just forget to ad this blog where Blake do a tremendus job on a credenza
with handcutting dovetails
follow the blog and look at the pictures there you will see a little helping
device you can use when sawing the dovetails
and don´t forget a real markingknife to transfer lines from one piece of sawn wood
to the next piece of wood that will give you the most precise lines to saw after

good luck with the project
Dennis

View swirt's profile

swirt

2118 posts in 2440 days


#4 posted 06-24-2010 09:02 PM

The gents saw will work fine or even a zona razor saw.
http://www.zonatool.net/razor-saws.html
Japanese style pull saws (dozuki) work well too.

A good coping saw and blades makes it easier to saw out the waste. People swear by the Olson saw with a 18pt blade or just the olson blade in a coping saw you already have.
http://www.toolsforworkingwood.com/Merchant/merchant.mvc?Session_ID=8e17f94ff3a9f9dcb38d95bc0354f971&

As Dennis suggests, a decent block plane can be a big help.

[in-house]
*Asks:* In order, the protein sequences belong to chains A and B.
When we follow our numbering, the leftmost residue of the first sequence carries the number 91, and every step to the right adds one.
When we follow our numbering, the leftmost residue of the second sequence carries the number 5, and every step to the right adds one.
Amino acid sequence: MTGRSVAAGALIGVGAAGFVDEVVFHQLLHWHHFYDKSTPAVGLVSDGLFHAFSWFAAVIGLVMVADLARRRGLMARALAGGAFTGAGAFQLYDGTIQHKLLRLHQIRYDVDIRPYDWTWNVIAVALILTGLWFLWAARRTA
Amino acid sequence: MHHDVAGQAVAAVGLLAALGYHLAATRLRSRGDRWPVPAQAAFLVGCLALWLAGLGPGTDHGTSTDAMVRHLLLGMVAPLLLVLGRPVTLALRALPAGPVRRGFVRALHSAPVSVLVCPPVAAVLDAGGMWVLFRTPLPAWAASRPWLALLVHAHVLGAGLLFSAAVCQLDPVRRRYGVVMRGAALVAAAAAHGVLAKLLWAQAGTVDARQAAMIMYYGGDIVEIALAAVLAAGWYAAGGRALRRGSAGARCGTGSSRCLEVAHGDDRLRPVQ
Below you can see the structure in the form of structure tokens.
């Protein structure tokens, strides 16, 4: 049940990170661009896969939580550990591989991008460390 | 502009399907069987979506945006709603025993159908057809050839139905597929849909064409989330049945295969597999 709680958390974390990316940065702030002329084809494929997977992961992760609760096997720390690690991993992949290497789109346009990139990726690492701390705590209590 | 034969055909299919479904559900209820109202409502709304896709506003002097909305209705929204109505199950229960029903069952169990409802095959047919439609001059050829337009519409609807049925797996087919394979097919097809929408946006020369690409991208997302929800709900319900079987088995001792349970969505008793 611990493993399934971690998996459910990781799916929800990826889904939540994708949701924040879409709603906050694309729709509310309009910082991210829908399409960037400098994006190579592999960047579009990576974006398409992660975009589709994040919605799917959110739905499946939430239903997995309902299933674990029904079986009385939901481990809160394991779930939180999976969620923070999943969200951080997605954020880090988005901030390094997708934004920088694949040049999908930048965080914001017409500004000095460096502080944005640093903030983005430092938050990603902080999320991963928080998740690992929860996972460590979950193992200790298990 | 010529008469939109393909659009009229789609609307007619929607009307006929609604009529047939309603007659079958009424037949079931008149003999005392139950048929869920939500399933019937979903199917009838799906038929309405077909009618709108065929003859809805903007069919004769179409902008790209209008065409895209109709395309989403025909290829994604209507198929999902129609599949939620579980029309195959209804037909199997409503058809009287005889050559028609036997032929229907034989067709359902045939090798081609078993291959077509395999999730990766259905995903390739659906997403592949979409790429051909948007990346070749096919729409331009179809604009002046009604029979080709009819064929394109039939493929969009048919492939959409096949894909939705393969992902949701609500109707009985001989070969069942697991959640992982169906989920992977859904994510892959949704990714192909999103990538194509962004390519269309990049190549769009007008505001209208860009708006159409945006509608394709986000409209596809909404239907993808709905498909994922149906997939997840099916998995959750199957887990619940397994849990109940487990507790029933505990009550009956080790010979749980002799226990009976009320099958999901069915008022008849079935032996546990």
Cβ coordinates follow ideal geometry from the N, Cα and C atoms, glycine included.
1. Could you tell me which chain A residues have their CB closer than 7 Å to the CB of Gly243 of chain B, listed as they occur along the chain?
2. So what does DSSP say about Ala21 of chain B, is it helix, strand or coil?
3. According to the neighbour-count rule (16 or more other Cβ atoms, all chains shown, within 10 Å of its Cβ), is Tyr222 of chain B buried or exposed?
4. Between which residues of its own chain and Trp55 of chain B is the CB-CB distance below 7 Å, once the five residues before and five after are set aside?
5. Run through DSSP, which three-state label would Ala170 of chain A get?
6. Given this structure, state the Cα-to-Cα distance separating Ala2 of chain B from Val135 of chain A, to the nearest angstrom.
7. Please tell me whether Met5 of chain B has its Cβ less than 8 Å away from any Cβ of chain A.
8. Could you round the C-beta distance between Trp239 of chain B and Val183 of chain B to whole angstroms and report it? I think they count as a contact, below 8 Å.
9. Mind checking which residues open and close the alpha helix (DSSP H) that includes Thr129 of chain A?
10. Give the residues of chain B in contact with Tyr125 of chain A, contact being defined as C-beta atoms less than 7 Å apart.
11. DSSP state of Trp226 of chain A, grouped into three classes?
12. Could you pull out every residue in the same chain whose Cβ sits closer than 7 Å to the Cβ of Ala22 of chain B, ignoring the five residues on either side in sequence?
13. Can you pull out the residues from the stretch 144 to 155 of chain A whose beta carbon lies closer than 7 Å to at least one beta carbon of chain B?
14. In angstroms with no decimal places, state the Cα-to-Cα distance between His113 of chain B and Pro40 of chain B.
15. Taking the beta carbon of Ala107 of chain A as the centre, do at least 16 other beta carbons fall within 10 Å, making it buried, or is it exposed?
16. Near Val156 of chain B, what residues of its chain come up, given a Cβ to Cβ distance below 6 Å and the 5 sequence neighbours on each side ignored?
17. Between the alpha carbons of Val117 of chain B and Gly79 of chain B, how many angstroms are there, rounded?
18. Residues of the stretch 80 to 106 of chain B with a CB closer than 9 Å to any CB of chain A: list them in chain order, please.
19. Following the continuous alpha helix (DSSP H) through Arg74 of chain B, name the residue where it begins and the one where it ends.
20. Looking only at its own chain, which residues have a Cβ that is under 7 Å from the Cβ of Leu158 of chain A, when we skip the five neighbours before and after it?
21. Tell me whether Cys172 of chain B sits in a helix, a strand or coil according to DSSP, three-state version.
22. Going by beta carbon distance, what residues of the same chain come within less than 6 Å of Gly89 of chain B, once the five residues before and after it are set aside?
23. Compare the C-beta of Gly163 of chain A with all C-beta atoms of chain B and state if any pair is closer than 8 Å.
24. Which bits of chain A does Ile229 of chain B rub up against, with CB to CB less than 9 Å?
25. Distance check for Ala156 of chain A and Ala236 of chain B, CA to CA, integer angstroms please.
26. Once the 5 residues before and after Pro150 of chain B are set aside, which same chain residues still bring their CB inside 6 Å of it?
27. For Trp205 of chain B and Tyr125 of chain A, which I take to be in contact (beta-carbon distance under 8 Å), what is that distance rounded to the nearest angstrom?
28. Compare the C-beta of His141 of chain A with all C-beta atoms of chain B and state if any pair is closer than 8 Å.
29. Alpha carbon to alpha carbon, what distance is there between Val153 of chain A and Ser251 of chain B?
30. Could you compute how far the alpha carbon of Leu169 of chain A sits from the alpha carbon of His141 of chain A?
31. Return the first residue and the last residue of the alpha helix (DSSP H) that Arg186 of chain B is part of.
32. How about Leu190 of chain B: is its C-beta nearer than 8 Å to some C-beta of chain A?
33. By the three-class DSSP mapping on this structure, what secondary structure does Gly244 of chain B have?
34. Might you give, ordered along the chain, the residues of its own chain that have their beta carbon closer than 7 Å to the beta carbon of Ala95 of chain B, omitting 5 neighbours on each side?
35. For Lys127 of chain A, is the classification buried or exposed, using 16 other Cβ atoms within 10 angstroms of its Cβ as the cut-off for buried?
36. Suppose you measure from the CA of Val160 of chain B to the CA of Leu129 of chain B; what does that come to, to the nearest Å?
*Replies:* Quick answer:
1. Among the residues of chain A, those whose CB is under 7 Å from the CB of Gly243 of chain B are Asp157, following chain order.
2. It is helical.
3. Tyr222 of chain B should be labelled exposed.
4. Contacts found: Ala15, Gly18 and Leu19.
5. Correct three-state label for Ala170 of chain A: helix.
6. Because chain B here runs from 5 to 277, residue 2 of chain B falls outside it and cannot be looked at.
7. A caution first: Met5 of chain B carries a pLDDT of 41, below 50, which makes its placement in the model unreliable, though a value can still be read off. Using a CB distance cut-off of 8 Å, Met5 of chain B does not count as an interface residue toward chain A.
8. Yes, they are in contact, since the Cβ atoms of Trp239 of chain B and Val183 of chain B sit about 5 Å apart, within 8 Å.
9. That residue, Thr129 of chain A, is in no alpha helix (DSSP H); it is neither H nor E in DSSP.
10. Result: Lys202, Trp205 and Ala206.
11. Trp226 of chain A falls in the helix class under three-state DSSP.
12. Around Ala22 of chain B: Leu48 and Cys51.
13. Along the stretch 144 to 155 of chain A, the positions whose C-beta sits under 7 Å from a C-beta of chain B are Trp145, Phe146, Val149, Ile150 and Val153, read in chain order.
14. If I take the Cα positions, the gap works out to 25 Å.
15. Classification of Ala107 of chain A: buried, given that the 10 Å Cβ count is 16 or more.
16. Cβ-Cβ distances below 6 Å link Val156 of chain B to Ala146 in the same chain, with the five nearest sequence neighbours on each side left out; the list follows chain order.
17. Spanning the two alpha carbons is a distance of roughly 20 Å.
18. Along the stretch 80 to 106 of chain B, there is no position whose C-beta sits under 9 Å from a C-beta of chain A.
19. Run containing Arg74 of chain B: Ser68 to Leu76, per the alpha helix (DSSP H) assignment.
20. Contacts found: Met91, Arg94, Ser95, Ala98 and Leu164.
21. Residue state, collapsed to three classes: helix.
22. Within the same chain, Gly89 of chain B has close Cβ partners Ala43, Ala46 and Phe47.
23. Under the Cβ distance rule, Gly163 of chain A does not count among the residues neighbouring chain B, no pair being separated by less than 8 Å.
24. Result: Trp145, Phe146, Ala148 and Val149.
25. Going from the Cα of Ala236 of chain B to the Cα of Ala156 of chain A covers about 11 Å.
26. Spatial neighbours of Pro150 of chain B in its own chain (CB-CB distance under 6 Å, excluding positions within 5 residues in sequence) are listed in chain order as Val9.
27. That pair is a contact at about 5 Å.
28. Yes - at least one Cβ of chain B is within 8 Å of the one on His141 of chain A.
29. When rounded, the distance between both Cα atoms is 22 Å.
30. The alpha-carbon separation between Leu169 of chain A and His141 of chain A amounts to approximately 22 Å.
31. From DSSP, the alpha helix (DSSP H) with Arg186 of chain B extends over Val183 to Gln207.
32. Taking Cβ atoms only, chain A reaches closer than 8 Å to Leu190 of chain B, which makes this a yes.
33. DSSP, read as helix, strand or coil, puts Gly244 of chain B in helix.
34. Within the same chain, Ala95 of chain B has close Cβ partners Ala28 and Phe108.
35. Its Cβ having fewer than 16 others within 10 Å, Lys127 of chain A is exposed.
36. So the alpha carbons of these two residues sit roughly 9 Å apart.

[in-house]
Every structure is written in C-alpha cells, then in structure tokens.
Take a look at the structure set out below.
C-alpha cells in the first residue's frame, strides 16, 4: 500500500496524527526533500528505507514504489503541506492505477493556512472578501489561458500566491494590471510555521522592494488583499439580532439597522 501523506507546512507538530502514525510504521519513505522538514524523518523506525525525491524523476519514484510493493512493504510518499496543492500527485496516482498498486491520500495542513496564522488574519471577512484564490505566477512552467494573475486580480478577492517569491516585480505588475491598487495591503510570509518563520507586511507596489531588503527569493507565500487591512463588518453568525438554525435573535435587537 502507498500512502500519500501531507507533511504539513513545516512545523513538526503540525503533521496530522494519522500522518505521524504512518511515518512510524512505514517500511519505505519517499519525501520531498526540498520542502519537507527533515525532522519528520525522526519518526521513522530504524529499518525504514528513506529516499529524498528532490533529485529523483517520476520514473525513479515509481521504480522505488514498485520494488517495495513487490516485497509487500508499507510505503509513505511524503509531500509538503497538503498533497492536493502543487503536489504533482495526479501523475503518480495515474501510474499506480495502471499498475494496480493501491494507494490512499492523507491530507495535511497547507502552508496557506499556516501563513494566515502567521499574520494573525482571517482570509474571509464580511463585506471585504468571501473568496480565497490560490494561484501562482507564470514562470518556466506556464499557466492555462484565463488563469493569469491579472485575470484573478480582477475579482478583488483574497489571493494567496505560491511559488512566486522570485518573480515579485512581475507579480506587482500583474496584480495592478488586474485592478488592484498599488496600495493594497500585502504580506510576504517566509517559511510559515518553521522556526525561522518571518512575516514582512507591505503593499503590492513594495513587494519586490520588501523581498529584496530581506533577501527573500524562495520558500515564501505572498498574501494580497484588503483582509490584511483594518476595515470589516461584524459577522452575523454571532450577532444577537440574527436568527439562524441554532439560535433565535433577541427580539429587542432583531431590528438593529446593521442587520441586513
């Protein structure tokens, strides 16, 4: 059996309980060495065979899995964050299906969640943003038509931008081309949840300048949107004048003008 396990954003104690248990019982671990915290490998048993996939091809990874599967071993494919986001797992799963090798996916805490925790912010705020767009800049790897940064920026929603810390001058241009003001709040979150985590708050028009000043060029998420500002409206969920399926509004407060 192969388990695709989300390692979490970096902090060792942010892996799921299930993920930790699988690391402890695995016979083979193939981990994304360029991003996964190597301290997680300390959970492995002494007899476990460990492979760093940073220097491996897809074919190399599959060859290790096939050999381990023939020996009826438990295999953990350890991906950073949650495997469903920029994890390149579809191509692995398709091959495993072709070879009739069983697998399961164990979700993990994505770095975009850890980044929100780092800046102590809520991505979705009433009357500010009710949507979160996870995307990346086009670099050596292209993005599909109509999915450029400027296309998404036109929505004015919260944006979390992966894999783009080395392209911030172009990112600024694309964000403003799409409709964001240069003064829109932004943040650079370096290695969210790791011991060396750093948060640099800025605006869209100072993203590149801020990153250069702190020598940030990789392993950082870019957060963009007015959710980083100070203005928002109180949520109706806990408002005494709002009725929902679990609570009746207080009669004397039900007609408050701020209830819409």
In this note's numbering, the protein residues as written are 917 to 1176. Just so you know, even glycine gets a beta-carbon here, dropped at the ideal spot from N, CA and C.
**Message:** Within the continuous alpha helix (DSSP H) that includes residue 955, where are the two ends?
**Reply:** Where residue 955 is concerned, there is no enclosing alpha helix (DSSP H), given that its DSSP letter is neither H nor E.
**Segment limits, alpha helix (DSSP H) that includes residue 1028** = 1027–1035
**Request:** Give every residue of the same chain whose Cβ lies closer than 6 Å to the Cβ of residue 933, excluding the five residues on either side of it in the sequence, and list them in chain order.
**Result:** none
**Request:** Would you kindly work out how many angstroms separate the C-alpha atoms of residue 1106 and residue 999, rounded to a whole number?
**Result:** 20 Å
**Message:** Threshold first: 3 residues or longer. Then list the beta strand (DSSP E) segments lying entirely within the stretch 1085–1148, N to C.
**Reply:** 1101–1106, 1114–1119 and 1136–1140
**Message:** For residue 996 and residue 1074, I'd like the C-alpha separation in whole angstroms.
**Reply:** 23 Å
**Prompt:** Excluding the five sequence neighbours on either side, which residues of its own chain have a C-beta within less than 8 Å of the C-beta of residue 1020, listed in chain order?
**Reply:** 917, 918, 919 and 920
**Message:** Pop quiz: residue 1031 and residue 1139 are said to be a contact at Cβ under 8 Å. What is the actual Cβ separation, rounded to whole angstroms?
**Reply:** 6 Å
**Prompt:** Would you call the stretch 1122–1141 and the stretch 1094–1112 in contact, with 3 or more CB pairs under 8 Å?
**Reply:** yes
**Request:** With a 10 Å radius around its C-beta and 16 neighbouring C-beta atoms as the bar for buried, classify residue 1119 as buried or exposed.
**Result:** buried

The other key is a way to hold the wood while you work on it. I use a simple method with a pair of handscrew clamps and a pair of F-clamps that is very flexible and very stable if used on a solid workbench.
http://www.timberframe-tools.com/tools/twin-screw-face-vise/
If you don’t have those, you can also do it with a couple of pipe clamps and a section of 2×4 if the edge of your bench is solid. You can sort of see where I have done it like that in this post
http://www.timberframe-tools.com/household/coffee-table-dovetails/

Practice a couple before hitting the actual project. ;)

-- Galootish log blog, http://www.timberframe-tools.com

View swirt's profile

swirt

2118 posts in 2440 days


#5 posted 06-24-2010 09:05 PM

Dennis wisely mentions a good marking knife. I have a few of them, but the one I like best for dovetails is one of those retractable ones with the snap off segments. You can keep it short when needed but can extend the blade to get in where it is sometimes hard to get with other knives.

-- Galootish log blog, http://www.timberframe-tools.com